A reader writes:
My kid was diagnosed with fructose malabsorption early in 2012. Essentially, any fructose that he eats, in excess of approximately the same amount of glucose, makes him sick. Most fruits are relatively balanced 1:1 with fructose to glucose, so they're okay: pineapples, berries, a lot of citrus fruits. But popular fruits like apples, mangoes and watermelons are screamingly high in fructose relative to glucose. Oh, and wheat. And honey. And agave syrup. Fruit juice is just as bad as Honey Boo Boo's Mountain Dew habit from a metabolic standpoint, but at least it doesn't have the other crap in it.
You'd think such a disorder is rare? It's really common. Estimates are 30-50% of the U.S. population. And they tend to have metabolic syndrome.
Fructose-heavy fruits and grains come from parts of the world where people are better able to tolerate them (warmer parts of Asia, the Middle East – anywhere with a long, warm/hot growing season and/or a lack of seasons). And if you're from an area where those fructose heavy fruits and grains don't grow year round (Northern Europe), you're really screwed, as your body treats fructose differently in the absence of sunlight. The idea is that you'd have gorged on those fruits during the summer months, and depositing that fat around your middle (again, metabolic syndrome) would have been helpful for fertility – hell, survival, in general – during the cold winter months when there's little food.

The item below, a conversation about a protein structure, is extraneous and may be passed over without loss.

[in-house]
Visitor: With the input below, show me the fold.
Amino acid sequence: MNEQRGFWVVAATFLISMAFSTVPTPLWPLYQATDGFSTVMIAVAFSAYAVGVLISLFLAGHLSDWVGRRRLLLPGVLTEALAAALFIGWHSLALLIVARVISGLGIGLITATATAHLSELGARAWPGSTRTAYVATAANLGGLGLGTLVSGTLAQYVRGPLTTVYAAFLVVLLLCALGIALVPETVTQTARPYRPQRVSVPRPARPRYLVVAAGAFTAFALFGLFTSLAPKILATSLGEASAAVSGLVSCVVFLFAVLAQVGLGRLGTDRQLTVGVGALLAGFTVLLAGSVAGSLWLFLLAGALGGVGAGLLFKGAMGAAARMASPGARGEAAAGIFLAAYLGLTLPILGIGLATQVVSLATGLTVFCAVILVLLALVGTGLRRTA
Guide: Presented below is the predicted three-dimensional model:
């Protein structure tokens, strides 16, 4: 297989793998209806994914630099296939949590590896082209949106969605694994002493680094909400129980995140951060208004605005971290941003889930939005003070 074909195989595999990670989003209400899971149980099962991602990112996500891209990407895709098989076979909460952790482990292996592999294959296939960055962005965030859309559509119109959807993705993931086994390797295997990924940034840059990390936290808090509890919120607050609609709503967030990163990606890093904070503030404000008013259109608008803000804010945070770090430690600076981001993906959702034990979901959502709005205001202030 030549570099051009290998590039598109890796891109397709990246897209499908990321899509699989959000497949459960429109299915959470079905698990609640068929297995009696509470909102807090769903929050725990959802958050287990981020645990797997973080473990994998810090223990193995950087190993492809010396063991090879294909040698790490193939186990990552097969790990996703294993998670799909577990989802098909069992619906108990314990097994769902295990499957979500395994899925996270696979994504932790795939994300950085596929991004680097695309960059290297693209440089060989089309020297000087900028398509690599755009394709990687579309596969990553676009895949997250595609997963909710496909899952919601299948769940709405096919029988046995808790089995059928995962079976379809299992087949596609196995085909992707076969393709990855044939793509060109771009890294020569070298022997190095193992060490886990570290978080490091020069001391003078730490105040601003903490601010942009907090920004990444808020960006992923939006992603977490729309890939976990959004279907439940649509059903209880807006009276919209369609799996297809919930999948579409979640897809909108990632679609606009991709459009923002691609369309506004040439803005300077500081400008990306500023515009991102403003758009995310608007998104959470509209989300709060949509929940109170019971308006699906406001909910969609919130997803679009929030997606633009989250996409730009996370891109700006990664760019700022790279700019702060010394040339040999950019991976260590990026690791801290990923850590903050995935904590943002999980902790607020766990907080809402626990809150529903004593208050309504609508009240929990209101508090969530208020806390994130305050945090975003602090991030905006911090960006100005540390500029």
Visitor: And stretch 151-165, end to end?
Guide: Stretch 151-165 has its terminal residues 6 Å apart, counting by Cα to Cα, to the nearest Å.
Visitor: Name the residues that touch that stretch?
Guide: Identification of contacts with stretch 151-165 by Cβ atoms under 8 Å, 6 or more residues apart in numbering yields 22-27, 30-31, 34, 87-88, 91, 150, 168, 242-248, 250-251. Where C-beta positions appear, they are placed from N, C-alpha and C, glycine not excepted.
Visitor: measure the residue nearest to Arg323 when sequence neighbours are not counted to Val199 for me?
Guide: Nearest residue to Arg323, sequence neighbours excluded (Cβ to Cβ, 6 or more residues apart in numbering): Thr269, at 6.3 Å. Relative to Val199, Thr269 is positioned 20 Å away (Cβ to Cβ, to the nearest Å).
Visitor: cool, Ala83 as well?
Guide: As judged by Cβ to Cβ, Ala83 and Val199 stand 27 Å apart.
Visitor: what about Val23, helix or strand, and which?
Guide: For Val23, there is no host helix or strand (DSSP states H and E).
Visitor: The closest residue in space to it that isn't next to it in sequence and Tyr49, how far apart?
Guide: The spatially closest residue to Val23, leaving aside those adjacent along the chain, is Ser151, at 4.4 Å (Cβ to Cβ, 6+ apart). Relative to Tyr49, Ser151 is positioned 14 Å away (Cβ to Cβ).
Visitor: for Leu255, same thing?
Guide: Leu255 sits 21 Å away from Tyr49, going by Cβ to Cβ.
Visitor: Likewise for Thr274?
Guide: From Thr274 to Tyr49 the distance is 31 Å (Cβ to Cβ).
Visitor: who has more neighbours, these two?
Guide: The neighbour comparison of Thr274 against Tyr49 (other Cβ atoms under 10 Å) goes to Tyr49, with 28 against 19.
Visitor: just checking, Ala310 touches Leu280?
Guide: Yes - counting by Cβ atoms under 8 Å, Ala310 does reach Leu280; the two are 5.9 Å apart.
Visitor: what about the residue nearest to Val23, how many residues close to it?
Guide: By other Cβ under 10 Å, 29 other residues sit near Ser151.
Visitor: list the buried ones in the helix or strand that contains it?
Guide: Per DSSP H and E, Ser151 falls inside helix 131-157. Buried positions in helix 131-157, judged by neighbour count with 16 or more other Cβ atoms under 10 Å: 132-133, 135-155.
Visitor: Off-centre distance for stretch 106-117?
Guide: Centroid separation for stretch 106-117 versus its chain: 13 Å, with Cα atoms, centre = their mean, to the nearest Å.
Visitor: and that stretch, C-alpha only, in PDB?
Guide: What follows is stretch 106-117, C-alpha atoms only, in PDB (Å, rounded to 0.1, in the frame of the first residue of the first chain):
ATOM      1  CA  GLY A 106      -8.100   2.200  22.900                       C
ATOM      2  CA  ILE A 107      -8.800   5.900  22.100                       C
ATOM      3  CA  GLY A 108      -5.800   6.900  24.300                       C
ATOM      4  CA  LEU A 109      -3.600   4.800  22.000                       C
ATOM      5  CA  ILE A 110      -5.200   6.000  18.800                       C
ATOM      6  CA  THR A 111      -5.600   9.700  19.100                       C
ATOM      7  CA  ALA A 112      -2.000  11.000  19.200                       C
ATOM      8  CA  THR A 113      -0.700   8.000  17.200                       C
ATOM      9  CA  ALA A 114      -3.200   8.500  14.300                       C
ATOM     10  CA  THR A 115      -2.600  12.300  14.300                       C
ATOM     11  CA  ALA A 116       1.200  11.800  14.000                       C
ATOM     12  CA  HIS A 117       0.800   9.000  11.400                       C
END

Metabolic syndrome is really common in my family, as are high triglycerides and pasty white skin. We joke around that my kid's diagnosis of fructose malabsorption and his subsequent avoidance of fructose sources will make him one of the healthiest kids we know, as kids are all on high-fructose corn syrup and fruit juice from an early age. It's no surprise that obesity rates and metabolic syndrome have gone through the roof since the introduction of HFCS in everything.
By the way, in support of Dr. Lustig's argument about the relative perils of fructose, a recent study (subscriber only) in the Journal of the American Medical Association shows how the brain responds differently to different types of sugars:
[Researchers found] an increased sensation of fullness and satiety after glucose, but not fructose, consumption. These findings support the conceptual framework that when the human brain is exposed to fructose, neurobiological pathways involved in the appetite region are modulated, thereby promoting increased food intake.
(Photo by COPCWa)